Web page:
Openwall GNU/*/Linux - a small security-enhanced Linux distro for servers
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Date: Sat, 14 Jul 2012 14:40:05 +0800
From: orc <orc@...server.ru>
To: musl@...ts.openwall.com
Subject: Re: Draft: musl promo materials

On Fri, 13 Jul 2012 21:16:09 +0200
Szabolcs Nagy <nsz@...t70.net> wrote:

> * Rich Felker <dalias@...ifal.cx> [2012-07-13 14:12:54 -0400]:
> > Consistent quality and implementation behavior from tiny embedded
> > systems to full servers.
> > 
> > Minimal machine-specific code, meaning less chance of breakage on
> > minority architectures and better success with "write once run
> > everywhere" development.
> > 
> > Realtime-quality robustness. No unnecessary dynamic allocation. No
> > unrecoverable late failures. No lazy binding or lazy allocation.
> > 
> > MIT license.
> >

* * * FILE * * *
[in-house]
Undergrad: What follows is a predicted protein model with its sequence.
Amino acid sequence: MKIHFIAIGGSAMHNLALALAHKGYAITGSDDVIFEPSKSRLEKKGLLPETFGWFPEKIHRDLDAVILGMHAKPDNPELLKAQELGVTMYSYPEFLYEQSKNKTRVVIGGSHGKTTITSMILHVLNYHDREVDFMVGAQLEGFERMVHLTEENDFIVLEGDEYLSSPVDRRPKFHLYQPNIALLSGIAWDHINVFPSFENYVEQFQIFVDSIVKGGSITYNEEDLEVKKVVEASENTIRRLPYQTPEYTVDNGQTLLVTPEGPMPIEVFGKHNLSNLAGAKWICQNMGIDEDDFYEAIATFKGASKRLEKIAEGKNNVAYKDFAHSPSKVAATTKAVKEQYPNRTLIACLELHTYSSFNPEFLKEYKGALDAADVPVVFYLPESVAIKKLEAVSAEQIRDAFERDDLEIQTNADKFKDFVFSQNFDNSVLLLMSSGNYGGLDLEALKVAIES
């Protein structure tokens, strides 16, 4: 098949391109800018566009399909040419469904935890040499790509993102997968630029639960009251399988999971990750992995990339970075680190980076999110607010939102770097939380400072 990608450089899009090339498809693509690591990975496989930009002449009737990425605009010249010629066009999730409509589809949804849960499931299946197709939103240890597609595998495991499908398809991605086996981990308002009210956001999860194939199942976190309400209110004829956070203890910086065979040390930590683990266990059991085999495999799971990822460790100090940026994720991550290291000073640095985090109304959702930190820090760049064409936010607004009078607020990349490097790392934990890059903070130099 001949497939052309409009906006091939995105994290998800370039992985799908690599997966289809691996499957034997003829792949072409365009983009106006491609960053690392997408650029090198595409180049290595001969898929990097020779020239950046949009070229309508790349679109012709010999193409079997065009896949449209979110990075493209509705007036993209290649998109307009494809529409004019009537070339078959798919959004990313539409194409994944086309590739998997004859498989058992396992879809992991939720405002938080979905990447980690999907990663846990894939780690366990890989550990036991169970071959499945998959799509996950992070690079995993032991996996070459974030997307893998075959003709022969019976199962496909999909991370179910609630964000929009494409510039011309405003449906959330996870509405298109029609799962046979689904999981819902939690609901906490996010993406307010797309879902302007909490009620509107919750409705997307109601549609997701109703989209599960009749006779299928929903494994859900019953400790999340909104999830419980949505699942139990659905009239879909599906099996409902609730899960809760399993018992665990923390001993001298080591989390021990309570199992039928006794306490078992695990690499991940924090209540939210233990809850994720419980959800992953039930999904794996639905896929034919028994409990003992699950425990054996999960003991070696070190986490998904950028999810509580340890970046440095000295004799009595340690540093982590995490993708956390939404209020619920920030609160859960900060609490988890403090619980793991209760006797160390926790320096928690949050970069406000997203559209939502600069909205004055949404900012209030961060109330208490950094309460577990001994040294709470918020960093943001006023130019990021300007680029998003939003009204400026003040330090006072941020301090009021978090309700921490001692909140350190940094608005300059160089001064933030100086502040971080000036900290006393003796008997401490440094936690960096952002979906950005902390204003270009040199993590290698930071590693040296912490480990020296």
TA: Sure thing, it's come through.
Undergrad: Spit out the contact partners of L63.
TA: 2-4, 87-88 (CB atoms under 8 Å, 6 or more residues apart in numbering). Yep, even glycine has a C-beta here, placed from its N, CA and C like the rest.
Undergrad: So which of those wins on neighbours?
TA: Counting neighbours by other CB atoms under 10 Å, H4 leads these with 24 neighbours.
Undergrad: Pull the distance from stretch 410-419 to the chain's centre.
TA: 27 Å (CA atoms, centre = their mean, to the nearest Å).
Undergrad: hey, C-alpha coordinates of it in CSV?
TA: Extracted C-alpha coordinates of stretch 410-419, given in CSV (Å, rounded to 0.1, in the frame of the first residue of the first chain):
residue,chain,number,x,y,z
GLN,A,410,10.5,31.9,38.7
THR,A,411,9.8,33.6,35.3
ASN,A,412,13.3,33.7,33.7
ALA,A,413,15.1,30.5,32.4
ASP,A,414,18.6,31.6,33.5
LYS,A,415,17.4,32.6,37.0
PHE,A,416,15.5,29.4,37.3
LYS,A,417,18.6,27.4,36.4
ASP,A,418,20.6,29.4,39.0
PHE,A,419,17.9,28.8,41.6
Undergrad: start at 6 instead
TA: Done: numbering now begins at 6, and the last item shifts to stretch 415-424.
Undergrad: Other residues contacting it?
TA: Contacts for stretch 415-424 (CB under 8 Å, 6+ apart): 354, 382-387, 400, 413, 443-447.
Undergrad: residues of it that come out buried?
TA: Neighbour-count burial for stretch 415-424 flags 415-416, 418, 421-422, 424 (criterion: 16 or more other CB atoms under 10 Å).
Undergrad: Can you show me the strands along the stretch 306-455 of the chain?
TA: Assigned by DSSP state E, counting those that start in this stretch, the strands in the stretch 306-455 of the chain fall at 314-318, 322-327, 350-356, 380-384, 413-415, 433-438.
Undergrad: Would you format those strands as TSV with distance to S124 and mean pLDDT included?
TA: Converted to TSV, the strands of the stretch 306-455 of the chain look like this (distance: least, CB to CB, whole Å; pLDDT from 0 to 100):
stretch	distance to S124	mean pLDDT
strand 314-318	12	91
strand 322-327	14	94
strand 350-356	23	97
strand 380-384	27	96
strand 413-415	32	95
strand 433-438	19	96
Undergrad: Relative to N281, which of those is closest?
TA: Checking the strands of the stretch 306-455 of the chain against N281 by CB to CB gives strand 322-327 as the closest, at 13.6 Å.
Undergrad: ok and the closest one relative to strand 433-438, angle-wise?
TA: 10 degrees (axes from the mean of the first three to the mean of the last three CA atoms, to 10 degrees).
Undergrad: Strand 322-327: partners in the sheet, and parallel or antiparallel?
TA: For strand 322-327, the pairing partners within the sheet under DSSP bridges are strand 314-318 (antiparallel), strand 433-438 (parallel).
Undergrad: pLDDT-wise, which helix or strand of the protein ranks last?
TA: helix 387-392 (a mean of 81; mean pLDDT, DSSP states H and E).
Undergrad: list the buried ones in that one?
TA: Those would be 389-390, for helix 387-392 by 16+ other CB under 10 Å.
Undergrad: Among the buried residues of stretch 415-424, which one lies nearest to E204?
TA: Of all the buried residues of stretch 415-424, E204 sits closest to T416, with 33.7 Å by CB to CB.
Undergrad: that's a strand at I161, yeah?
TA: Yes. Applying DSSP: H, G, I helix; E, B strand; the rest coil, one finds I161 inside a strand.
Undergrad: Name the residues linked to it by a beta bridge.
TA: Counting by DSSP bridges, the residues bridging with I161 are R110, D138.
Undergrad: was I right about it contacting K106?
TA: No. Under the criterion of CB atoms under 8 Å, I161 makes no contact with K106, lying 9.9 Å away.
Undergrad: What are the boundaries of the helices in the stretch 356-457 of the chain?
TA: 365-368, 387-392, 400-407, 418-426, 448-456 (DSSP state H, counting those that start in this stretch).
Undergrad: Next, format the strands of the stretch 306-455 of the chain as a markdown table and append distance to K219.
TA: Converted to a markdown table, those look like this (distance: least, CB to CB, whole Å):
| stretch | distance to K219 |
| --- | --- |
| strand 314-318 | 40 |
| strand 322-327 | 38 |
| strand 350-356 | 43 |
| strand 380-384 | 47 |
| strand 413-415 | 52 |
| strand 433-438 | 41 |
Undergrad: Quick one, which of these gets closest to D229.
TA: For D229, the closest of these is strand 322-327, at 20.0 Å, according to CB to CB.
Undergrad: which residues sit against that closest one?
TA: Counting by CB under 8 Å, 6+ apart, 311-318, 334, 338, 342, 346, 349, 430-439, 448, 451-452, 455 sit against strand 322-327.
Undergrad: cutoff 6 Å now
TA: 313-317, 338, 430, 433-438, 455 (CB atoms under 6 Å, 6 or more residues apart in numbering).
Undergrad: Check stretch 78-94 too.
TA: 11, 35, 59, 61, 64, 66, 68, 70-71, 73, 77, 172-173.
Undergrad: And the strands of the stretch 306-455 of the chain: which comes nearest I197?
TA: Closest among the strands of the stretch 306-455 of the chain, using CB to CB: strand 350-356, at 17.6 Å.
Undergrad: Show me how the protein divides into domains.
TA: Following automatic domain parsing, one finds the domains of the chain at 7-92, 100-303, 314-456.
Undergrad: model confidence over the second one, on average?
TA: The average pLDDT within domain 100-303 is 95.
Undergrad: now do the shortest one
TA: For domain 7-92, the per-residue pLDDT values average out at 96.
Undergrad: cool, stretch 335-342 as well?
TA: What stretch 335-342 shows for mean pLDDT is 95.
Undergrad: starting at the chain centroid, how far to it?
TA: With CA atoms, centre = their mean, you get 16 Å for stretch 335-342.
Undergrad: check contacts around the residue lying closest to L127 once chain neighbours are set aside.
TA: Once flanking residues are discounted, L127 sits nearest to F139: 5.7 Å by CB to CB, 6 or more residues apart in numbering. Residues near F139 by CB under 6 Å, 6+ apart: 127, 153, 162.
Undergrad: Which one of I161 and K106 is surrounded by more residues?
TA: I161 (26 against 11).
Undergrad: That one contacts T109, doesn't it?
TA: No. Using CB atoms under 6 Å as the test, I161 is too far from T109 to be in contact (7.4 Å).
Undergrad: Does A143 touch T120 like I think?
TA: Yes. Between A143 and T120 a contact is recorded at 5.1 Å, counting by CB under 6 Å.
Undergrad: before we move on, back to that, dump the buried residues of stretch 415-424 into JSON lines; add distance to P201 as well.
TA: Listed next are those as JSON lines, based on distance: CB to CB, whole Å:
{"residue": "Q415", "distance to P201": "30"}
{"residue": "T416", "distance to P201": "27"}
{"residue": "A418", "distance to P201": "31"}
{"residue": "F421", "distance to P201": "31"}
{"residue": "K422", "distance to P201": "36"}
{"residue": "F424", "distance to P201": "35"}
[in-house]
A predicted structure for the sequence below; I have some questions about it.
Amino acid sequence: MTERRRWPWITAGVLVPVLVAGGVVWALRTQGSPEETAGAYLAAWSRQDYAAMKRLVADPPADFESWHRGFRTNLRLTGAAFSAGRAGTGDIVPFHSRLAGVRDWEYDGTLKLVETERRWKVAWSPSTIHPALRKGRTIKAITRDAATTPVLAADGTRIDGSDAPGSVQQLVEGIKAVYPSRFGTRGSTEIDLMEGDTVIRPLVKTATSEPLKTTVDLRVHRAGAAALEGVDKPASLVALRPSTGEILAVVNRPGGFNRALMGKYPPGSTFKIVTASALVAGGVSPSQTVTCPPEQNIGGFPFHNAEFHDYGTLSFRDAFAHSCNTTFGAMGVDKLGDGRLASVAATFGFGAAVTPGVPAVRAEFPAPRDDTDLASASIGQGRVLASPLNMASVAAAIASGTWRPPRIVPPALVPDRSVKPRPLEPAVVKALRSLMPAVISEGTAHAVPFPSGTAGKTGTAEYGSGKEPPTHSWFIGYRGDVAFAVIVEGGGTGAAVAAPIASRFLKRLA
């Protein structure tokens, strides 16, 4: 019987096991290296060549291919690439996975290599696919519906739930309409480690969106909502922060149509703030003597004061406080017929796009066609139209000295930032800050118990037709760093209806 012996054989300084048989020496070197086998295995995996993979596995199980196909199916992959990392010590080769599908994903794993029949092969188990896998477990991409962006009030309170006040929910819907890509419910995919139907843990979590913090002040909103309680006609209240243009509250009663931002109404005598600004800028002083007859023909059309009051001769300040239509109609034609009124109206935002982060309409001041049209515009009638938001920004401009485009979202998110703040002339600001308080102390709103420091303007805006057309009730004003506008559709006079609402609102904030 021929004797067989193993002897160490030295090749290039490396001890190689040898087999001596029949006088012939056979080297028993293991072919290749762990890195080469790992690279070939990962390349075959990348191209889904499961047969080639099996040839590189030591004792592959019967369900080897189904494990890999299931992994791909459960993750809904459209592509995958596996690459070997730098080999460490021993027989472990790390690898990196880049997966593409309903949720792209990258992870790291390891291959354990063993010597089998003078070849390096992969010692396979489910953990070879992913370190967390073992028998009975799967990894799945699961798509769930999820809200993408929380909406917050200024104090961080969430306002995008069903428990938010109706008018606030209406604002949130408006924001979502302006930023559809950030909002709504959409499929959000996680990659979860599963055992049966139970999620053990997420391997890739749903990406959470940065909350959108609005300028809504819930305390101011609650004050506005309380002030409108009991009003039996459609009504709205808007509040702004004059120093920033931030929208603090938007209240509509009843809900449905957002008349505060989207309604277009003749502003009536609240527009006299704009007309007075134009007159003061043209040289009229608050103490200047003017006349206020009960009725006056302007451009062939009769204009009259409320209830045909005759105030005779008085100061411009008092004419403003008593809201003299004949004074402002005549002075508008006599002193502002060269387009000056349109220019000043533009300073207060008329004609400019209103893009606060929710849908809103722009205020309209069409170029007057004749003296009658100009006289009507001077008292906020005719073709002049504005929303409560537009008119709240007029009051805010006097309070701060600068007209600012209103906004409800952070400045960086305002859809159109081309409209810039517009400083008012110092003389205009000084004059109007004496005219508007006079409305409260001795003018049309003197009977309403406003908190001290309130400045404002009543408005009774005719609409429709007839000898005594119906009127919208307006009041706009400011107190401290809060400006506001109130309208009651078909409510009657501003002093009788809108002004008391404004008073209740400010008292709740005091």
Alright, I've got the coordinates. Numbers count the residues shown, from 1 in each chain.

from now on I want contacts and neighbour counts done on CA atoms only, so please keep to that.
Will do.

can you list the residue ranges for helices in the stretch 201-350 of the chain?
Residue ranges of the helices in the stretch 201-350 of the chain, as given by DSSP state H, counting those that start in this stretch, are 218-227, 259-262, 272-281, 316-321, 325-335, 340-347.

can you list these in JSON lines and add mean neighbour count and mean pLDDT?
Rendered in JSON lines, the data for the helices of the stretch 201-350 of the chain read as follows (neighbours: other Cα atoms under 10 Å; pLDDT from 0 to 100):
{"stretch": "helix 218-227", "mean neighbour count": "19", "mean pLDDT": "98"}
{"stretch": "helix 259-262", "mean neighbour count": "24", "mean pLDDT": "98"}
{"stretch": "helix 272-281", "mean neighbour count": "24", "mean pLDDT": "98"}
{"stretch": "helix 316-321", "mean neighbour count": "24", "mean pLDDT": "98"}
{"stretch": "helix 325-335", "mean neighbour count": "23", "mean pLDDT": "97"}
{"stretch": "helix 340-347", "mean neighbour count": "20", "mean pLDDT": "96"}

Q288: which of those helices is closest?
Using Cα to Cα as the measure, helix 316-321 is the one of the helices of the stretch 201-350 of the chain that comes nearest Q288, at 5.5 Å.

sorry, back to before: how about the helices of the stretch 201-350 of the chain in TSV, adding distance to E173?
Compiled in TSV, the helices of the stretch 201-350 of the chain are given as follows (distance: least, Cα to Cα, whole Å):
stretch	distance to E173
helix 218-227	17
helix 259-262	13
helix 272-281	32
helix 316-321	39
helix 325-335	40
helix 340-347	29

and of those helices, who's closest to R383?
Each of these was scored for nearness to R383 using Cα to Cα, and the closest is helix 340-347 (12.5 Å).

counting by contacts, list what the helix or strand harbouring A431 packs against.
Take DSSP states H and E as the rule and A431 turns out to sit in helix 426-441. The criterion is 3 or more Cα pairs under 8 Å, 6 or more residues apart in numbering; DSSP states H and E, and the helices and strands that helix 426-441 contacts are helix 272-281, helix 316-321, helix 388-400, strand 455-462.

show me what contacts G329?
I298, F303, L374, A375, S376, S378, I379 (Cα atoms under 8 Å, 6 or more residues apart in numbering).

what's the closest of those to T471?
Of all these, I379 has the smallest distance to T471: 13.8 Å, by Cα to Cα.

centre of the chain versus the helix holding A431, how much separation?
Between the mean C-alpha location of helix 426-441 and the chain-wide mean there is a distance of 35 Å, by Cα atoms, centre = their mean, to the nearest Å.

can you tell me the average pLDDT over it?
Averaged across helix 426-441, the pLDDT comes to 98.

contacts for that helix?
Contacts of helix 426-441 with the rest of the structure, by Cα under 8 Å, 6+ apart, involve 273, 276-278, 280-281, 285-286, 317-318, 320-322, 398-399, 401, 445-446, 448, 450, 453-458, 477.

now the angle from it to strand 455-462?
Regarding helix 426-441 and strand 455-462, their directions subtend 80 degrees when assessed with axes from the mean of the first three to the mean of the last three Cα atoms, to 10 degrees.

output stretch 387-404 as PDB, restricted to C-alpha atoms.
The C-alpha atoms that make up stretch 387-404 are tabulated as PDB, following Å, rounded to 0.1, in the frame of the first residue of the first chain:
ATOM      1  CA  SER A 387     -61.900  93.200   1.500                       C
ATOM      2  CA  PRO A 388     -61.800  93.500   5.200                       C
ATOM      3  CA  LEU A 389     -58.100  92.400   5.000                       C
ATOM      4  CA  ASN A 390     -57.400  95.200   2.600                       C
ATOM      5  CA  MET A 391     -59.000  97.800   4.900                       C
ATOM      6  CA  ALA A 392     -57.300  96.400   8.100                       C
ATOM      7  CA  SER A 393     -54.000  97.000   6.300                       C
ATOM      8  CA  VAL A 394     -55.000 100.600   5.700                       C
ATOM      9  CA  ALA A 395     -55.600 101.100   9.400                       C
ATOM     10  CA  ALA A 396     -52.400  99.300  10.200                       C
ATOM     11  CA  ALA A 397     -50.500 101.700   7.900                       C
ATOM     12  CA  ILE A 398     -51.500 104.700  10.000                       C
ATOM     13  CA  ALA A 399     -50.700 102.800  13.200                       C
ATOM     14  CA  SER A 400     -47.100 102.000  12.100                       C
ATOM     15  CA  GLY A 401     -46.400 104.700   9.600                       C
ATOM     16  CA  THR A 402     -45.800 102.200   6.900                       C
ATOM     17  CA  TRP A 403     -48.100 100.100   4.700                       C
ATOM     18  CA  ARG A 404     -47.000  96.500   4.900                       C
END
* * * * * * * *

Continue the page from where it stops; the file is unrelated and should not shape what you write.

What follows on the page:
> > Full math library with a focus on correctness. Exact and
> > correctly-rounded conversion between binary floating point and
> > decimal strings.
> > 
> > Reentrancy, thread-safety, and async-signal safety well beyond the
> > requirements of POSIX. Even snprintf and dprintf are fully reentrant
> > and async-signal-safe.
> > 
> > Highly resource-efficient POSIX threads implementation, making
> > multi-threaded application design viable even for memory-constrained
> > systems.
> 
> i'd somehow add that both static and dynamic linking is supported
> properly and without bloat as musl is better at it than glibc
> 
> i like musl's clean code, clean header files (no gcc specific mess)
> and simple build system (even for cross compilation)
> again something that glibc is lacking

Agree with that. musl allowed me implement a variant of skein crypt()
for example, and much more things than mess called glibc. It's source
code is easy to understand and good start point to learn how libc works.

> 
> and there could be a hint that things like security, worst cases
> (stack usage, algorithm complexity) and conformance are taken
> seriously

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